Fishing on Green Bay has been pretty tough the last couple of weeks due to the influx of the alewives into the system. Guys are still catching walleyes, but not the big numbers or the bigger fish as have been seen in the recent past. Hopefully the alewives will be gone soon. On a good note, perch fishing has picked up on the east and west shores of the bay; minnows and pieces of crawlers seem to work the best. There have been reports of nice muskies being caught on the west shore weed flats. The warm water temperatures stress these monsters out quickly and they can die very easily. It may be best to avoid muskies until water temperatures drop a little bit.

Smokey’s on the Bay Bait, Tackle and Guide Service, (920) 436-0600.


Crappies are being found suspended along the weedlines on Nelson Lake and the Chippewa Flowage. Walleyes are being caught with a bobber and leech or Jiggin’ Raps on the 14- to 19-foot weedlines of Round Lake, Lake Lac Courte Oreilles, and Grindstone Lake. The flats on the Chippewa Flowage are holding bluegills and small baits have been best for the few muskies being caught on area lakes. Recent rains brought temporary relief for the anglers and fish dealing with very warm water temperatures. Some fish have moved to the shallows, at least for the short term. Most muskie anglers are foregoing fishing until temperatures cool to reduce mortality on big fish stressed by the warm water. Smallmouth bass are around humps and drop-offs in 5 to 12 feet, with Ned rigs, 5-inch wacky worms, and topwaters working well.

Hayward Bait, (715) 634-2921.

Hayward Lakes Visitor and Convention Bureau, (800) 724-2992.


The walleye bite has been tough, most are being caught on weedless jigs and a combo of crawlers or leeches. Depths have varied from 4 to 12 feet, mostly on woody humps or in the flats on the Turtle-Flambeau Flowage. Some bluegills have been seen in the shallows yet and others are being caught over cribs in 11 feet, so they are all over the place. Smallies have been mostly over wood in depths from 6 to 10 feet. Live bait has been most effective, but tubes and Senkos are also working well. The muskie report has been slow, but with the heat it’s a safe bet for the fish not to be focusing on them. The mayfly hatch is finally complete and the bite overall is slowly improving, but more than 5 inches of rain in five days has impacted the bite as well.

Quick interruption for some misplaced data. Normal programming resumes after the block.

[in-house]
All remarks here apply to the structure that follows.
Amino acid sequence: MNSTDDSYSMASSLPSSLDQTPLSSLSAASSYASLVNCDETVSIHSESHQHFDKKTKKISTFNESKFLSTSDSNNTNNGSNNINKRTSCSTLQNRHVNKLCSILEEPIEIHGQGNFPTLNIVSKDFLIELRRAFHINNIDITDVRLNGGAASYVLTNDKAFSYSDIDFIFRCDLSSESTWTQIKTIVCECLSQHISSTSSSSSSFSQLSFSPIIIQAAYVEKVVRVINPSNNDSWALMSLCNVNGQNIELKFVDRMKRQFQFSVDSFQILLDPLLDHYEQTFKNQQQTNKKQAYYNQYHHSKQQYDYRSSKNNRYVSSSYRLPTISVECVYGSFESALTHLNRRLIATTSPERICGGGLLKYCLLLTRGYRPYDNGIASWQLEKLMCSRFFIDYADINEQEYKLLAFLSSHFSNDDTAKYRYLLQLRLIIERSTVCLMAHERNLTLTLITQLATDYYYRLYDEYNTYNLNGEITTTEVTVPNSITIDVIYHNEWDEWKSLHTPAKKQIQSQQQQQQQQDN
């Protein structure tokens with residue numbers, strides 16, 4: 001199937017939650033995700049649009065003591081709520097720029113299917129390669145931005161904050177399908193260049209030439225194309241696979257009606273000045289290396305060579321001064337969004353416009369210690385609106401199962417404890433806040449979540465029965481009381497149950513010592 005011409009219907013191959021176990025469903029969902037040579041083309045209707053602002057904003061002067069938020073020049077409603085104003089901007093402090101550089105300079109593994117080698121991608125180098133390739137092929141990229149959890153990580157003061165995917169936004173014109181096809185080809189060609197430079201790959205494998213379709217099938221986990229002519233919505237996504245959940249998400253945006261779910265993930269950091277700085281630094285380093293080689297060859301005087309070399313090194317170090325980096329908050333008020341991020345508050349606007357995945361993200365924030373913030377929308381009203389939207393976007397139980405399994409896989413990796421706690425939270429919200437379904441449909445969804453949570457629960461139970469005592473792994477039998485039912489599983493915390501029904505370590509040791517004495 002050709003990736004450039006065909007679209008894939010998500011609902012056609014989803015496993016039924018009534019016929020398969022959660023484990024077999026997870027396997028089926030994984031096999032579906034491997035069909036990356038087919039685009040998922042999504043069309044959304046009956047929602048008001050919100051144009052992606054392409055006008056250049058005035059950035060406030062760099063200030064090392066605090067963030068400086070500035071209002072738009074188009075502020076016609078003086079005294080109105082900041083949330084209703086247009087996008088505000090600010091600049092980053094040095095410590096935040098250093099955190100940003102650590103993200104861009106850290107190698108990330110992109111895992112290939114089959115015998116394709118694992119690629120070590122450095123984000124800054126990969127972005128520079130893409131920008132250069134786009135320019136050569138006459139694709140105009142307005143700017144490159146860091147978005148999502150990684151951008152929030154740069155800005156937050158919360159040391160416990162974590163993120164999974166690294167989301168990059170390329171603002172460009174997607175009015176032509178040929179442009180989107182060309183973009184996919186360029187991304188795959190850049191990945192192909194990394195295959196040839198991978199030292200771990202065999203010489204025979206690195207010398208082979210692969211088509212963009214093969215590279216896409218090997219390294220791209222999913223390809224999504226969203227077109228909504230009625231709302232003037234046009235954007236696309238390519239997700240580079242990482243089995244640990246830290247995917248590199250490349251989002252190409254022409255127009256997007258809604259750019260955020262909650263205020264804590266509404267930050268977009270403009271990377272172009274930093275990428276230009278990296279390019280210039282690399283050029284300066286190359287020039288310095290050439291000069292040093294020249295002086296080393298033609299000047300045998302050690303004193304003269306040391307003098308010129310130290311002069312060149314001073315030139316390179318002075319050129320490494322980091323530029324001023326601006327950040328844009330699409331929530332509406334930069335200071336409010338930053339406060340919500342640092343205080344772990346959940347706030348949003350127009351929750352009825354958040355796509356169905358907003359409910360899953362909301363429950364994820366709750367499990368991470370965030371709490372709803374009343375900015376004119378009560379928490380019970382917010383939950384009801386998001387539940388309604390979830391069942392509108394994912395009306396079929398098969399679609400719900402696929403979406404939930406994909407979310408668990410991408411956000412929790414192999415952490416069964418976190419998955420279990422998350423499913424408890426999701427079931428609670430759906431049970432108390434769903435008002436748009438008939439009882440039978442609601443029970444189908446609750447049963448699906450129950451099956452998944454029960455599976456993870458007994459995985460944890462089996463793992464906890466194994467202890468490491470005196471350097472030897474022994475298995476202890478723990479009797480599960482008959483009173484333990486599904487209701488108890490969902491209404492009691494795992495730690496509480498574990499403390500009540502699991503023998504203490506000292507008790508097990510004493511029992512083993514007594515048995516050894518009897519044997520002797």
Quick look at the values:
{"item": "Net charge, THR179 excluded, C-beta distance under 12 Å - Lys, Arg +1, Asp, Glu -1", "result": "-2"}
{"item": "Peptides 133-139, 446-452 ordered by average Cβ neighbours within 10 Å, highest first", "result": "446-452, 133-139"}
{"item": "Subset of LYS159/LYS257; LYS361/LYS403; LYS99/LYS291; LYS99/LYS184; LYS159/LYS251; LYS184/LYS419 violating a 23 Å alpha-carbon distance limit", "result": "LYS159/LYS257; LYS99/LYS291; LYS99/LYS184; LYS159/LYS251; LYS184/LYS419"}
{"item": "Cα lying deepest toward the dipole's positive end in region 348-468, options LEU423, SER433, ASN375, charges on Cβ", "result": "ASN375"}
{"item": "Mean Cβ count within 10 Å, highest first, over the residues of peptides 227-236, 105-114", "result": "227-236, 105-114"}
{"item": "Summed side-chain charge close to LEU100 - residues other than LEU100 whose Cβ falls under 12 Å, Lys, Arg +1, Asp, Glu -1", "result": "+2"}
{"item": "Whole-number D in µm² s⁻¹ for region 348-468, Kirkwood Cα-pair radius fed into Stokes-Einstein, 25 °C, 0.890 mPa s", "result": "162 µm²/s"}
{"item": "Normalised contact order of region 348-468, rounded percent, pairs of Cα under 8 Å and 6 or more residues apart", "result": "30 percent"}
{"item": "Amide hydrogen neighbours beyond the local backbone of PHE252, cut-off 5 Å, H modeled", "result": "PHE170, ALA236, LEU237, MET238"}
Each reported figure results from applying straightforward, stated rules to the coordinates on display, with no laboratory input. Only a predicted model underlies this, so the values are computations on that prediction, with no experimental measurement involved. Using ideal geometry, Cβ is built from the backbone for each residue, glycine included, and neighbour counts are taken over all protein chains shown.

Flambeau Flowage Sports, Mercer, (715) 476-2526.


Bluegill fishing was best along weed edges in 8 to 18 feet of water, with the larger bluegills holding toward bottom. Smaller bluegills were found in shallower water around weeds and piers. Crappies were suspended along outside weedlines in 12 to 18 feet of water or over deeper water. Northern pike action has been great. Fish the deeper weedlines or structure near baitfish. A sucker or golden shiner baited on a circle hook with a heavy fluorocarbon leader and slip sinker worked best. Largemouth bass are in their summer patterns. During early morning or evening hours, fish the weed flats in 5 to 10 feet of water using swim jigs, spinnerbaits, shallow running crankbaits, inline spinners, or topwater baits. Smallmouths were found along breaks or cruising shallower rock bars. Walleyes were active along weed edges in 8 to 18 feet of water, along with deeper structure in 20 to 30 feet. Leeches, nightcrawlers, jumbo fatheads, baby chubs, or golden shiners worked best for bait. Muskie fishing has picked up in the last week. They were found along weedlines or deeper structure. Catfish were caught from the Rock and Crawfish rivers, along with lakes Koshkonong and Mendota. A sucker, nightcrawler, leech, or stinkbait fished on a slip sinker rig worked best for bait.

DNR hotline, (414) 382-7920.

Smokey’s Bait Shop, (262) 691-0360.

Dick Smith’s Bait, (262) 646 2218.


Channel cats have been providing the best action around Lake Winnebago lately, with a lot of fish being caught near the Oshkosh convention center,  under the Main Street bridge or out in Miller’s Bay or Asylum Point Park. Things have been fairly quiet on the white bass and walleye front. For catfish, guys are using crawlers and cutting up chunks of frozen suckers. The yellow perch should start kicking in any day now on Winnebago.